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The North Wind is an independent student publication serving the Northern Michigan University community. It is partially funded by the Student Activity Fee. The North Wind digital paper is published daily during the fall and winter semesters except on university holidays and during exam weeks. The North Wind Board of Directors is composed of representatives of the student body, faculty, administration and area media.

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Romance with a sci-fi twist

Photo by Emma Case: Senior Taylor Ehle and freshman Max Stevens star in the drama “Constellations” by contemporary British playwright Nick Payne.

What in the universe? Dimensions, comedy, drama and romance will collide into a unique, sci-fi theater experience in the latest play at NMU.

The Forest Roberts Theatre team will perform the play “Constellations” in the Panowski Black Box Theatre for the next two November weekends.

The play is a two-character romantic drama with scientific influences written by British playwright Nick Payne. It delves into the concepts of choice and destiny while thriving off of the themes of time and space.

In this tale upon the stage, timelines vary, which sends the relationship of the characters Marianne and Roland on new trajectories that continue to change. The play depicts their relationship via parrallel universes and nonlinear realities. These can intersect one another and divide depending on how the characters behave and what decisions they make.

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Different dimensions show the various causes and effects of their multitude of choices.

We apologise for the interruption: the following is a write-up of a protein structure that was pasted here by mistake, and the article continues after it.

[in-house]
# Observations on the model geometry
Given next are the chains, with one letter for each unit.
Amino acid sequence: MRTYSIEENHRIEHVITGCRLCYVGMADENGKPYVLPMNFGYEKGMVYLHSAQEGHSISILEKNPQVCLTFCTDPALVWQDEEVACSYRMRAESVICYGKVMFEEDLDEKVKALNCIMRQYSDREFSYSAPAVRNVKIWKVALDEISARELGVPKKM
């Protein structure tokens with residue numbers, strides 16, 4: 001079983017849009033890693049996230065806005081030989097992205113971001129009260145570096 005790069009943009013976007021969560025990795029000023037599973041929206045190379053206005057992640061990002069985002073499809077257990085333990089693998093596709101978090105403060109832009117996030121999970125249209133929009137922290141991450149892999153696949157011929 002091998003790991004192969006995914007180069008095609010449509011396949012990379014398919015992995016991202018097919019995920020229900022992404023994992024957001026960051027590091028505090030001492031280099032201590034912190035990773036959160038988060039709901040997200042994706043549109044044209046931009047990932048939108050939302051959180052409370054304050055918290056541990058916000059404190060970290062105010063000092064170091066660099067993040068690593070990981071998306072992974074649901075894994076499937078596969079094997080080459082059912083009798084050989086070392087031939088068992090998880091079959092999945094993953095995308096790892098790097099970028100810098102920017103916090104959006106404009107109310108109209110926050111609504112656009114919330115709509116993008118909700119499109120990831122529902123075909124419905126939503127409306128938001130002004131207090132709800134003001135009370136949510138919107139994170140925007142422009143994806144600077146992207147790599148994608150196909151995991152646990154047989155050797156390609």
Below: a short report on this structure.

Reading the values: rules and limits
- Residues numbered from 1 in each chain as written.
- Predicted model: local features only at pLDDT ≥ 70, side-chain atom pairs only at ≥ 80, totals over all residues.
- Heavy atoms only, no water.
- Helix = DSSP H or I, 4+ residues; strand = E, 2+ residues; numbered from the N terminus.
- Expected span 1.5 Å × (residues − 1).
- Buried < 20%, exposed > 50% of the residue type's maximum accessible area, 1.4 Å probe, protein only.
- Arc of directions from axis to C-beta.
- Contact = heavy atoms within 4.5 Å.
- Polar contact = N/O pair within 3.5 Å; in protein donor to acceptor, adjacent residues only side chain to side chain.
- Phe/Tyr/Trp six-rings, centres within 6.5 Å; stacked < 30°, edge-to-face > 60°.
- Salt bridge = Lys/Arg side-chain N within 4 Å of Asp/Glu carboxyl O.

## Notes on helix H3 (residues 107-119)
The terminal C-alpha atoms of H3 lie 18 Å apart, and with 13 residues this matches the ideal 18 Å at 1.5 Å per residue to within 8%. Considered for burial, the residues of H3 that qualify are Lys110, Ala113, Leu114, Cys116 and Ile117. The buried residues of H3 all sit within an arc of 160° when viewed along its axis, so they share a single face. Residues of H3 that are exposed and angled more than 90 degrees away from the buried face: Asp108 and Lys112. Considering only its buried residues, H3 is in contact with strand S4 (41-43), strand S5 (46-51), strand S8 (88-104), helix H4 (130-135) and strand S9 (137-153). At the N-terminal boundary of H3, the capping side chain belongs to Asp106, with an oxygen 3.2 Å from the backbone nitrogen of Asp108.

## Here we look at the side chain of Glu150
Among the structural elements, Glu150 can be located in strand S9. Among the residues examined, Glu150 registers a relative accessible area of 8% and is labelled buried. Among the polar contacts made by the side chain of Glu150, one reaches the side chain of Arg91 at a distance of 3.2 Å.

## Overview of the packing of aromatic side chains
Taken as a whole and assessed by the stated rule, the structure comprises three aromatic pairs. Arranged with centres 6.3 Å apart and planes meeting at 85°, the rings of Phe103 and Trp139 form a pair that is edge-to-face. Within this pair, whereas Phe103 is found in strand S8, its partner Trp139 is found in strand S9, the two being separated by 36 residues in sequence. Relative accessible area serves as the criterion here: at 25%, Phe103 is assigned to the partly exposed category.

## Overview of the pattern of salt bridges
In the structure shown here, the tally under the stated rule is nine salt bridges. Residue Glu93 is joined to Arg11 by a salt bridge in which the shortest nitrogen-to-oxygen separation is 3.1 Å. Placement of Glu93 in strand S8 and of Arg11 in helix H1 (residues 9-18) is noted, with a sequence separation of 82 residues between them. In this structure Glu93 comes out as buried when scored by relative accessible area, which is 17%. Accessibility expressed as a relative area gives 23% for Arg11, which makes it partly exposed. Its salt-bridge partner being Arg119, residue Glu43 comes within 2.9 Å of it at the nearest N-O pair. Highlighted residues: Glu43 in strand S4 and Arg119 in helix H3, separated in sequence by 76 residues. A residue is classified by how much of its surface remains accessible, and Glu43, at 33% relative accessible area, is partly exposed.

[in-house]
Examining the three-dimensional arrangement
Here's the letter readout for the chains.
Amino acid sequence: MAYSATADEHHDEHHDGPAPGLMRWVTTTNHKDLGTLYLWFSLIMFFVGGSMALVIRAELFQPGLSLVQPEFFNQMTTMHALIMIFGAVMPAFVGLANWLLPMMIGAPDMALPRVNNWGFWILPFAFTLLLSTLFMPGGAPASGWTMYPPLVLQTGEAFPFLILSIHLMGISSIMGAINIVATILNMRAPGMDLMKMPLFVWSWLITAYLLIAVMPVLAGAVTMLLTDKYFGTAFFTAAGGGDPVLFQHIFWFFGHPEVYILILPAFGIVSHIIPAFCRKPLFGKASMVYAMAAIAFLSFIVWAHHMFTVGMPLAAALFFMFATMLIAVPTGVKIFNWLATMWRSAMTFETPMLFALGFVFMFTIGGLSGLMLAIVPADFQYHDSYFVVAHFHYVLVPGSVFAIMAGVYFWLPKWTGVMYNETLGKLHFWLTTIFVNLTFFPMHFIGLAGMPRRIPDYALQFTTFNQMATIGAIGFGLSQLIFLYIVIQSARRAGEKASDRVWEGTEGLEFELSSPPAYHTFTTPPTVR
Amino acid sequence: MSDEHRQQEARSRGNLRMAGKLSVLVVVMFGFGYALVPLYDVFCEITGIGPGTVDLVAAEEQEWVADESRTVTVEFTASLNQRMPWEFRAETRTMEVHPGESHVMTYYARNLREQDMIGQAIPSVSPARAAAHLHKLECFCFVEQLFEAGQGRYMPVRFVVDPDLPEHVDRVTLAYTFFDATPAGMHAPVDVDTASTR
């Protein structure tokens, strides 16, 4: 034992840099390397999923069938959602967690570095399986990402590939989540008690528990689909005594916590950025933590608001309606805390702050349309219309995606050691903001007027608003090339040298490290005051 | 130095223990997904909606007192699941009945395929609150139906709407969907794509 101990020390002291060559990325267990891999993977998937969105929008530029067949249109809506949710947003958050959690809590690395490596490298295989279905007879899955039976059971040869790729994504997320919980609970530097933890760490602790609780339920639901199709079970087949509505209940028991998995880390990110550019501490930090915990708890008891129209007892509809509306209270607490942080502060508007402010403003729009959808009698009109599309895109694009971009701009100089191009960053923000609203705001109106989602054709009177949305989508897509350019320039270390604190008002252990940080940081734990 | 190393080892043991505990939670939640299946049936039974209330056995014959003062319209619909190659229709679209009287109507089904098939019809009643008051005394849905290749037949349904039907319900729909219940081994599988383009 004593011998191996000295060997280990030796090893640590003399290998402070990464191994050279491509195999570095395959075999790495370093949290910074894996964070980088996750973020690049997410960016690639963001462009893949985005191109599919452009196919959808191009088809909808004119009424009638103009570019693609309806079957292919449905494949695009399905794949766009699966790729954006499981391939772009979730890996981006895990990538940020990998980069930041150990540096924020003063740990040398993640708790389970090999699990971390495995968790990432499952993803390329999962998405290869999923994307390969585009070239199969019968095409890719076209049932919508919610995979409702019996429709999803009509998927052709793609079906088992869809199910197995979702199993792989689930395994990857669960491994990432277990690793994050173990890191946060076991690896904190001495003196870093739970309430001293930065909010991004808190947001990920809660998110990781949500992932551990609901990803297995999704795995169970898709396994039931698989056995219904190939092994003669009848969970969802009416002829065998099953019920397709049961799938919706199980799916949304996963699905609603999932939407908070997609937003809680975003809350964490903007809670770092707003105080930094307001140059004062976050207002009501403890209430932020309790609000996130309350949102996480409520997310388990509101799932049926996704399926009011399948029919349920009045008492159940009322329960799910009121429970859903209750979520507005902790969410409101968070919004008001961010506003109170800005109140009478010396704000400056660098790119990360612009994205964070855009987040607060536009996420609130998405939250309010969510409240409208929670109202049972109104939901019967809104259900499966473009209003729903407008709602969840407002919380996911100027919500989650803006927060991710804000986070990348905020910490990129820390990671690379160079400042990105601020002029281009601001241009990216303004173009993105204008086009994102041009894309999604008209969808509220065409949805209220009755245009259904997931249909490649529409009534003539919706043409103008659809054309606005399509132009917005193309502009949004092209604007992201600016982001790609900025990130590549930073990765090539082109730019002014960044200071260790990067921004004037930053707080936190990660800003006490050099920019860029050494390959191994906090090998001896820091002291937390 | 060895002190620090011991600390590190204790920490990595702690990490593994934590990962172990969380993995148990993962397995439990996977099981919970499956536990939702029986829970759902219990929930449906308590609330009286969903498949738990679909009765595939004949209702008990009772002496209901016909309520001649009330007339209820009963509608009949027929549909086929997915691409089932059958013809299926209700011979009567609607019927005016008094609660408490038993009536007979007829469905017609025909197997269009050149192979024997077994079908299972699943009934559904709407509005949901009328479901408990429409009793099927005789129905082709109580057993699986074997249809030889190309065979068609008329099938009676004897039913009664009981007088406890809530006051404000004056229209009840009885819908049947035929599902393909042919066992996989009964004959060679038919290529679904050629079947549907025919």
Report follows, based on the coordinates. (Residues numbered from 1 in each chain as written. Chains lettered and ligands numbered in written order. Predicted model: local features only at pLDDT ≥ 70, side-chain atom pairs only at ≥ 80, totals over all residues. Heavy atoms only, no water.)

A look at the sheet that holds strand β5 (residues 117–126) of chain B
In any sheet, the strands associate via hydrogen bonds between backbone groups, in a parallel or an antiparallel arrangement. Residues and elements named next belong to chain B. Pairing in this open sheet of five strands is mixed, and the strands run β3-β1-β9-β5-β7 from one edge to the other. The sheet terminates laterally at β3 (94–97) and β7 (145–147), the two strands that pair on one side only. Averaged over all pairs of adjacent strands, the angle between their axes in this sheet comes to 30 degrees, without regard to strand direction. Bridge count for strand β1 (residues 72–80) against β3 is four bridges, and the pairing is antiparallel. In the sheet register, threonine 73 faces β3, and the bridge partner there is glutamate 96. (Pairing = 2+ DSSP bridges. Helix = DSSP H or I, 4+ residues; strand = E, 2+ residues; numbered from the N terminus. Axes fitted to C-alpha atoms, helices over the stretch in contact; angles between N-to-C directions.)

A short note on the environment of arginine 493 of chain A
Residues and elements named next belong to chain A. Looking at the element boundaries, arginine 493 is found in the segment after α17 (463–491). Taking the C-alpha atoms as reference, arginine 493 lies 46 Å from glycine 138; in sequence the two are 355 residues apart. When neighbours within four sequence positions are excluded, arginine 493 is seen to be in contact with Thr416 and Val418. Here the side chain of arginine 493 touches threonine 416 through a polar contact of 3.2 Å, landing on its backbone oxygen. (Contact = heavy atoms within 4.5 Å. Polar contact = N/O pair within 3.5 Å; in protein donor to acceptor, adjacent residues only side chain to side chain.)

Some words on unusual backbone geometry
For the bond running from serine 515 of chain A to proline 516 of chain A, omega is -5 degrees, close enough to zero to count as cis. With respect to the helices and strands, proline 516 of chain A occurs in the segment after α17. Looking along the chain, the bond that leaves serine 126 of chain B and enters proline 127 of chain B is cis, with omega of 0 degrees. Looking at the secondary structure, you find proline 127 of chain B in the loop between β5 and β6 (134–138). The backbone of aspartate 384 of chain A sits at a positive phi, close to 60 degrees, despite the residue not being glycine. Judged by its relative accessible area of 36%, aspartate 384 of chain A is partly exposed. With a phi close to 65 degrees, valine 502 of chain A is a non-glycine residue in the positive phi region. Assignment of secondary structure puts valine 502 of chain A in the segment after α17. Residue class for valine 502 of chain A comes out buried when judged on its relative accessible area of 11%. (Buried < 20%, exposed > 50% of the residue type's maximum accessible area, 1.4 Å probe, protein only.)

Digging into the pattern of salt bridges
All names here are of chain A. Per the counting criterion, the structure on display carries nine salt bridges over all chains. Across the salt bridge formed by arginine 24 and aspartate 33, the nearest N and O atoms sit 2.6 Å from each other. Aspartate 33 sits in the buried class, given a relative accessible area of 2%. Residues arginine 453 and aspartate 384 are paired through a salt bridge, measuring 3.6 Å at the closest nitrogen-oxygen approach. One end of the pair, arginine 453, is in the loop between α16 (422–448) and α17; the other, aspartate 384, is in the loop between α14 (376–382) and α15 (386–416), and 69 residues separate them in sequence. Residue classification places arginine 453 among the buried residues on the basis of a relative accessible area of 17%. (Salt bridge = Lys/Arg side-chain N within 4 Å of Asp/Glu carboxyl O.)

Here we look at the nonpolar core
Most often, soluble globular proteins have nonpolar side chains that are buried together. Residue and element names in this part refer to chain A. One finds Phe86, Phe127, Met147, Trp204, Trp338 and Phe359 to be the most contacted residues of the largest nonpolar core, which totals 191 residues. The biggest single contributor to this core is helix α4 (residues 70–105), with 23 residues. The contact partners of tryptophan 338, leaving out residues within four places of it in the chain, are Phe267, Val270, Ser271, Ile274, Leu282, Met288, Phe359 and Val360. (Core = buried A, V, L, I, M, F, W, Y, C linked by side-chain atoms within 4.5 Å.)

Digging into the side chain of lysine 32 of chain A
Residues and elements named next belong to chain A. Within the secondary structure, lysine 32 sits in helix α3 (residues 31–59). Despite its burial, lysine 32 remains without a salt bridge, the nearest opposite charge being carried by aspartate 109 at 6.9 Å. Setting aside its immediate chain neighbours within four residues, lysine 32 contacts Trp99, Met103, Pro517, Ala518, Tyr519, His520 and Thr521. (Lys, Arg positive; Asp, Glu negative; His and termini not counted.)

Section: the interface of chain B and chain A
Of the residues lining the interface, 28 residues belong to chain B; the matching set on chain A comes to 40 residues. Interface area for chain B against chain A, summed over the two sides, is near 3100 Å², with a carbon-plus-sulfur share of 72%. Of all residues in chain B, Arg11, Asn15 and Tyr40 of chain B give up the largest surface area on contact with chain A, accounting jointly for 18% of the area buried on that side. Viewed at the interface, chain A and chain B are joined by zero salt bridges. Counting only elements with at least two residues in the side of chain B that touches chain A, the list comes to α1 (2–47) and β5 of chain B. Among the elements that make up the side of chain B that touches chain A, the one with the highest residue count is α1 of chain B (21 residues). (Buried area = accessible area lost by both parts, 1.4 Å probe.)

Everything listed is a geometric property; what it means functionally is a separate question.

The decisions Marianne and Roland make happen during situations such as a marriage proposal or trip to the bar.

All possible decisions that could be made in these situations are portrayed, exploring outcomes from comedy to tragedy. Ultimately, these variations in timeline string together, and the multiple stories combine into one overarching dramatic narrative between Marianne and Roland.

“The play is about connections,” said Director Shelley Russell, an NMU communications and performance studies professor. “The characters and connections are bound to neither time nor space.”

Despite the sci-fi twists, the play is also relatable to real life, she said.

“It’s funny. It has elements of terror, engagement, fear and ridiculousness,” Russell added.

The drama stars senior environmental studies and sustainability major Taylor Ehle as the quantum physicist Marianne and her beekeeper love interest Roland, played by freshman multimedia production major Max Stevens.

Both actors expressed an enjoyment for the play as well as for the experience of the work they each put into rising to the challenge of their roles.

“It’s been really fun but challenging though,” Ehle said. “The drama of the show and the pace that it changes from one universe to another challenges me to not only be on my toes, but to portray each emotion and scene as if it were a different time and place than the one before it.”

Stevens agreed, appreciating the complexities of the drama.

“They say life can be like an emotional rollercoaster sometimes and this show puts it to shame; it’s like a 90-minute rollercoaster,” Stevens said.

He too has felt the effort required of their performances.

“This role has been my toughest challenge yet as far as theater is concerned,” he added.

“It’s been very gratifying and rewarding to figure out what I’m capable of and what I need to work on as an actor going forward.”

Tickets for “Constellations” are $5 for NMU students, $10 for other students and $15 for the general public.

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